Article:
It can be somewhat inefficient (?)
Sometimes, I can’t help but wonder how much more we’d actually get done if we could just talk it over in person. It’s so much easier to ignore an email or ping on instant messenger–but it’s so much harder to brush someone off in person.
Plus, online communication can be overwhelming. The flood of emails, instant messenger and notifications can be a handful. How are we supposed to read–and respond–to it all? Although phone calls help clarify a lot of internal miscommunication, I can’t help but wonder how much more effective it would be to discuss and resolve problems in person.
….but it’s not all bad
There are some great perks to flexible work, like:
- Shorter commute times (or none at all)
- Being able to go to the doctor/dentist or pick someone up from the airport without taking PTO
- Cooking lunch/dinner from the comfort of home
- Working form almost anywhere (I’ve worked from Dallas/LA/Portland in the last few months)
- Self-allocating work time; such as starting work later and then working later to make up for it
And what’s my final verdict?
I’ve thought about this a lot. As someone who identifies as an “ENFJ” (emphasis on the E) on the Meyers Brigg test, it’s really goddamn hard for me to not have any human interaction at all. It’s been a struggle for me to not work on a “real-life” team and have the bond of accomplishing something together. I miss real connections I make with co-workers. Essentially, I feel like remote work enables us to turn our work relationships into hollow, meaningless pacts of duty.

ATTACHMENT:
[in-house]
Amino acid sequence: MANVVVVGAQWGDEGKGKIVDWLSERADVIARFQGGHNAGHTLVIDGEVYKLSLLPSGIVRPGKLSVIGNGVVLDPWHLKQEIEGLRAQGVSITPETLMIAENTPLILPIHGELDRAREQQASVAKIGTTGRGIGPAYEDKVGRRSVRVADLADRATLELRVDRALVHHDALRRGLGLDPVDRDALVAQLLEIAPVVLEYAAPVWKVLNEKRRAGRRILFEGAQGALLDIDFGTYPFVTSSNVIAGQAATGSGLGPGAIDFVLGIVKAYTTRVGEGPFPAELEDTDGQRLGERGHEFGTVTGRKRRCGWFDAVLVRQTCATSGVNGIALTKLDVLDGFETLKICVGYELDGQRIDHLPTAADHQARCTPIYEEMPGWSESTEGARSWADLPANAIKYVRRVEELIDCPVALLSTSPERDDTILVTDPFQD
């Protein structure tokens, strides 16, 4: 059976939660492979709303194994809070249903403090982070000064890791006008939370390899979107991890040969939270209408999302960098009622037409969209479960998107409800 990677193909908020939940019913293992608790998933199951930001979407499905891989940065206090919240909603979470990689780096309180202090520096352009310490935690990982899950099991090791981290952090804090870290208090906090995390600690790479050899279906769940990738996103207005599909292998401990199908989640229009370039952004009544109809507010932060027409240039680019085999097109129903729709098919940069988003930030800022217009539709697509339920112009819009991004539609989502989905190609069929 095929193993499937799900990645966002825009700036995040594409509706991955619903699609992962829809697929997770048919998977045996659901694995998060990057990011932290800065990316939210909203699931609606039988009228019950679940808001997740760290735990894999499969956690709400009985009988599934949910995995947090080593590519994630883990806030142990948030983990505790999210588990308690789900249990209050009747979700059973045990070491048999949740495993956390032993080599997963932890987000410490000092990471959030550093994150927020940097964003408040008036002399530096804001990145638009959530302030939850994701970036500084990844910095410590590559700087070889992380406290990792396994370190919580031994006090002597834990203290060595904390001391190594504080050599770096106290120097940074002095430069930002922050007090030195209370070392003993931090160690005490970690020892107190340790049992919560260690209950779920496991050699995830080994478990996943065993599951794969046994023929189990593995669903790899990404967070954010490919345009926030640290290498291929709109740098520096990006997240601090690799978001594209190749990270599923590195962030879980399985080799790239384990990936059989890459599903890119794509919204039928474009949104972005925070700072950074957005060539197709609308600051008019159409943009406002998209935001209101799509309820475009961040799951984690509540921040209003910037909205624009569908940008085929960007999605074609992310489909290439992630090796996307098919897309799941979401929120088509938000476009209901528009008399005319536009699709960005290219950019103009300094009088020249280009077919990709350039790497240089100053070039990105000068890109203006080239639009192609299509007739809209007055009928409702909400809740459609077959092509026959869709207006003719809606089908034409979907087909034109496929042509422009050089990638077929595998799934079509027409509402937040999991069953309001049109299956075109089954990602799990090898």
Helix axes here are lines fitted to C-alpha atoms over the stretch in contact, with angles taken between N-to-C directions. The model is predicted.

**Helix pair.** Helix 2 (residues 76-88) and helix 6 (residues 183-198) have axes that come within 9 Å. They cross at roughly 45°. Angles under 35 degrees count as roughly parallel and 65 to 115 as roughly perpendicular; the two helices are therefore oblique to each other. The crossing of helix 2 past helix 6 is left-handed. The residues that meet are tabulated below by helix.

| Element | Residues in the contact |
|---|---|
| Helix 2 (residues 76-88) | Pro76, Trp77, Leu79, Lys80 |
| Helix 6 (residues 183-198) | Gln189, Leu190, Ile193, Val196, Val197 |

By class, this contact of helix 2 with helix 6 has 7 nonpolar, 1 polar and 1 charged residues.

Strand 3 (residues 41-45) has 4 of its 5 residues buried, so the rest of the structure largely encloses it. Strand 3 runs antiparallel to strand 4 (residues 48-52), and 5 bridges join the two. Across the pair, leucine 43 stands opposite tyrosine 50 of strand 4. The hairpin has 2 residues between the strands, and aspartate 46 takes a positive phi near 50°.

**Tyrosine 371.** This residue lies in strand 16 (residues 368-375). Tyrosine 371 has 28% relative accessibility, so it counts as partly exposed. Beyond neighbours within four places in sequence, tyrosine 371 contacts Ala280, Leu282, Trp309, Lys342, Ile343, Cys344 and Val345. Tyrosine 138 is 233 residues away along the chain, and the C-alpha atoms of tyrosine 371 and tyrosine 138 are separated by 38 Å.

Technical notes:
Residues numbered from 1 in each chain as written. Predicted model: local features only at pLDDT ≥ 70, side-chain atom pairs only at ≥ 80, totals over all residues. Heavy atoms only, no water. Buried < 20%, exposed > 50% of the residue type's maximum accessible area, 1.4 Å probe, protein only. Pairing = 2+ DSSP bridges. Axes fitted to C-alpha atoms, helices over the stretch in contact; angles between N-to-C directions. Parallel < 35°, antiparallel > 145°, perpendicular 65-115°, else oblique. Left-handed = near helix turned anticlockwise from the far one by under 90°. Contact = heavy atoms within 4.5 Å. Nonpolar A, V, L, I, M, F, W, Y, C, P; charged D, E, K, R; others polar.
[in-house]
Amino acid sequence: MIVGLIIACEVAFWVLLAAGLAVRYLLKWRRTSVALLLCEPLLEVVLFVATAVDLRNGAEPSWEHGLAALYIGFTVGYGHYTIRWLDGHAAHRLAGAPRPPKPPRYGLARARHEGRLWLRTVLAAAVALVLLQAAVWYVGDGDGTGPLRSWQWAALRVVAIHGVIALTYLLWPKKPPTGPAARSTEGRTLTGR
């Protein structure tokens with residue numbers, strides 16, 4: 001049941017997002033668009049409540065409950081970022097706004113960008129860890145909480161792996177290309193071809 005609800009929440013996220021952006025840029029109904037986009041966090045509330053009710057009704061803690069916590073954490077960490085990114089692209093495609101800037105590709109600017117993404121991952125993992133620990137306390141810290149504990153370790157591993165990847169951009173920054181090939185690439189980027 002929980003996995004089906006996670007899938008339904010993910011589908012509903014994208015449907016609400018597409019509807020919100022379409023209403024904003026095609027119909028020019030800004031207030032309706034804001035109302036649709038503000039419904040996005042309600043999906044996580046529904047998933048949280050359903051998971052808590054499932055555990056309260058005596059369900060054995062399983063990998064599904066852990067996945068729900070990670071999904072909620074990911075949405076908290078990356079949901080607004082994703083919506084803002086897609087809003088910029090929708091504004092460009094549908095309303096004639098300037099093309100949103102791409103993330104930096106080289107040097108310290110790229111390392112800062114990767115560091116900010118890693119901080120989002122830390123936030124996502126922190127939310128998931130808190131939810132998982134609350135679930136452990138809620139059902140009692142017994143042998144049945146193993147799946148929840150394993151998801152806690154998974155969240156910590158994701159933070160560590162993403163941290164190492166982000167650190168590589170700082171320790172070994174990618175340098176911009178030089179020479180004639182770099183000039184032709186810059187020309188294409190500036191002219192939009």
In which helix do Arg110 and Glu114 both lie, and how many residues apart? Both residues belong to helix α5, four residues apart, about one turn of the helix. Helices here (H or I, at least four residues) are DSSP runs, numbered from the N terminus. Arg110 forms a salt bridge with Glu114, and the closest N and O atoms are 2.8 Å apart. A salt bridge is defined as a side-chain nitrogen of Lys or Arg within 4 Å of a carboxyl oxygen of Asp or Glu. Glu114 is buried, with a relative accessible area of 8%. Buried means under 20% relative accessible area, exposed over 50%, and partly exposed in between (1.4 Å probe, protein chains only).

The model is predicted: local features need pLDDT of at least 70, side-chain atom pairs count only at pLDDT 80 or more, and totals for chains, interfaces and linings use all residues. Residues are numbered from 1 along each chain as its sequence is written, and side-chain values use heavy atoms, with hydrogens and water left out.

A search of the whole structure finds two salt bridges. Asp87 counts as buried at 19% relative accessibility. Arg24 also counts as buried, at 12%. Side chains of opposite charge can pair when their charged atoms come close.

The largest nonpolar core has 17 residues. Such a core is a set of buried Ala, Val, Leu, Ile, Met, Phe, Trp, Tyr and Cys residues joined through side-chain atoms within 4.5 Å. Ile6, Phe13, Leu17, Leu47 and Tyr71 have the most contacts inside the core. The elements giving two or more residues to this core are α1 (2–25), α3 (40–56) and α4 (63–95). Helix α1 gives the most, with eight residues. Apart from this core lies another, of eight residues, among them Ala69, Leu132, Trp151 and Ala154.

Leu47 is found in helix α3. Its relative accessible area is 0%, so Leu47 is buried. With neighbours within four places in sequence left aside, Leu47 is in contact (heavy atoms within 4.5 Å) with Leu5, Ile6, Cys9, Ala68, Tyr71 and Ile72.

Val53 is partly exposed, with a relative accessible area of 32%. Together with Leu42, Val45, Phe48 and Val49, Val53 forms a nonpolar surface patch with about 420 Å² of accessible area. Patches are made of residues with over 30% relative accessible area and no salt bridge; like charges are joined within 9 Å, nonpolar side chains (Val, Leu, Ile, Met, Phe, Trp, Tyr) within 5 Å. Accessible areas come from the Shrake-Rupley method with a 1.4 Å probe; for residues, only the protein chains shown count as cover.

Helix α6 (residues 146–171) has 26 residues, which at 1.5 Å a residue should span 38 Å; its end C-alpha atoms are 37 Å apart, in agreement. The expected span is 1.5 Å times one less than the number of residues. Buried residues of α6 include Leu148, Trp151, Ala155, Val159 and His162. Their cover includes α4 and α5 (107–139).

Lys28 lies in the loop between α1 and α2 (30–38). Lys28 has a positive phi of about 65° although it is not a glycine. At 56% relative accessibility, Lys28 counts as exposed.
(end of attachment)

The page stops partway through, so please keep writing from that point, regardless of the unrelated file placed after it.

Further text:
Plus, remote work makes us work more. Come on. I work way more from home than I ever did in the office–and not in a good way.
If I could choose, I would say having two flex days a week would be ideal. Three work days in an office would force us to interact with our team and peers and grow relationships, but then the two flex days would give us some freedom to do things that need to be done (like go to the doctor or pick our kid up from daycare) and catch up on work.
In terms of my overall life…
Two weeks ago I woke up at 3am, looked at my phone, and saw an email from my boss:
“Can you come to Tokyo in 2 weeks?”
I swore and went back to sleep.
In the last month I’ve gone from Portland, to Toronto, to Ottawa, to Montreal, to New York, to Tokyo, to LA, to Anaheim, to Dallas, and back to New York. Going to the airport has become almost like a daily commute and I’ve read more books on planes than I can count (finished clockwork prince trilogy, and man, that is the YA-fantasy trash I live for).
Although I was excited to go to Tokyo, it was a blur. Meetings upon meetings upon meetings and, after a mere five days and extremely horrific jet lag, I had to fly back to the USA.
Coming back to my home in Dallas yesterday was… how do I put it? It was bliss. Lounging around all day with tea, a book, and some good shows on Netflix was like heaven. Thanks to “flexibility” I will be working tomorrow (Sunday) from home (cause I have so much work). Still, it feels great to have one day ‘off’ and recover in the comforts of my home.
I want to write more, but it’s hard for me to do it on the road and to balance with work. I miss writing… and I miss nature. Dallas is great, but seeing the photos of mountains and forests from my friends in Utah and California make me miss a good outing in the outdoors. I hope I can take a nature vacation soon.
Miss you all. Sorry for the absence.
So what are your thoughts? Do you like remote and flexible work? Do you think it should be the way of the future and screw the traditional system?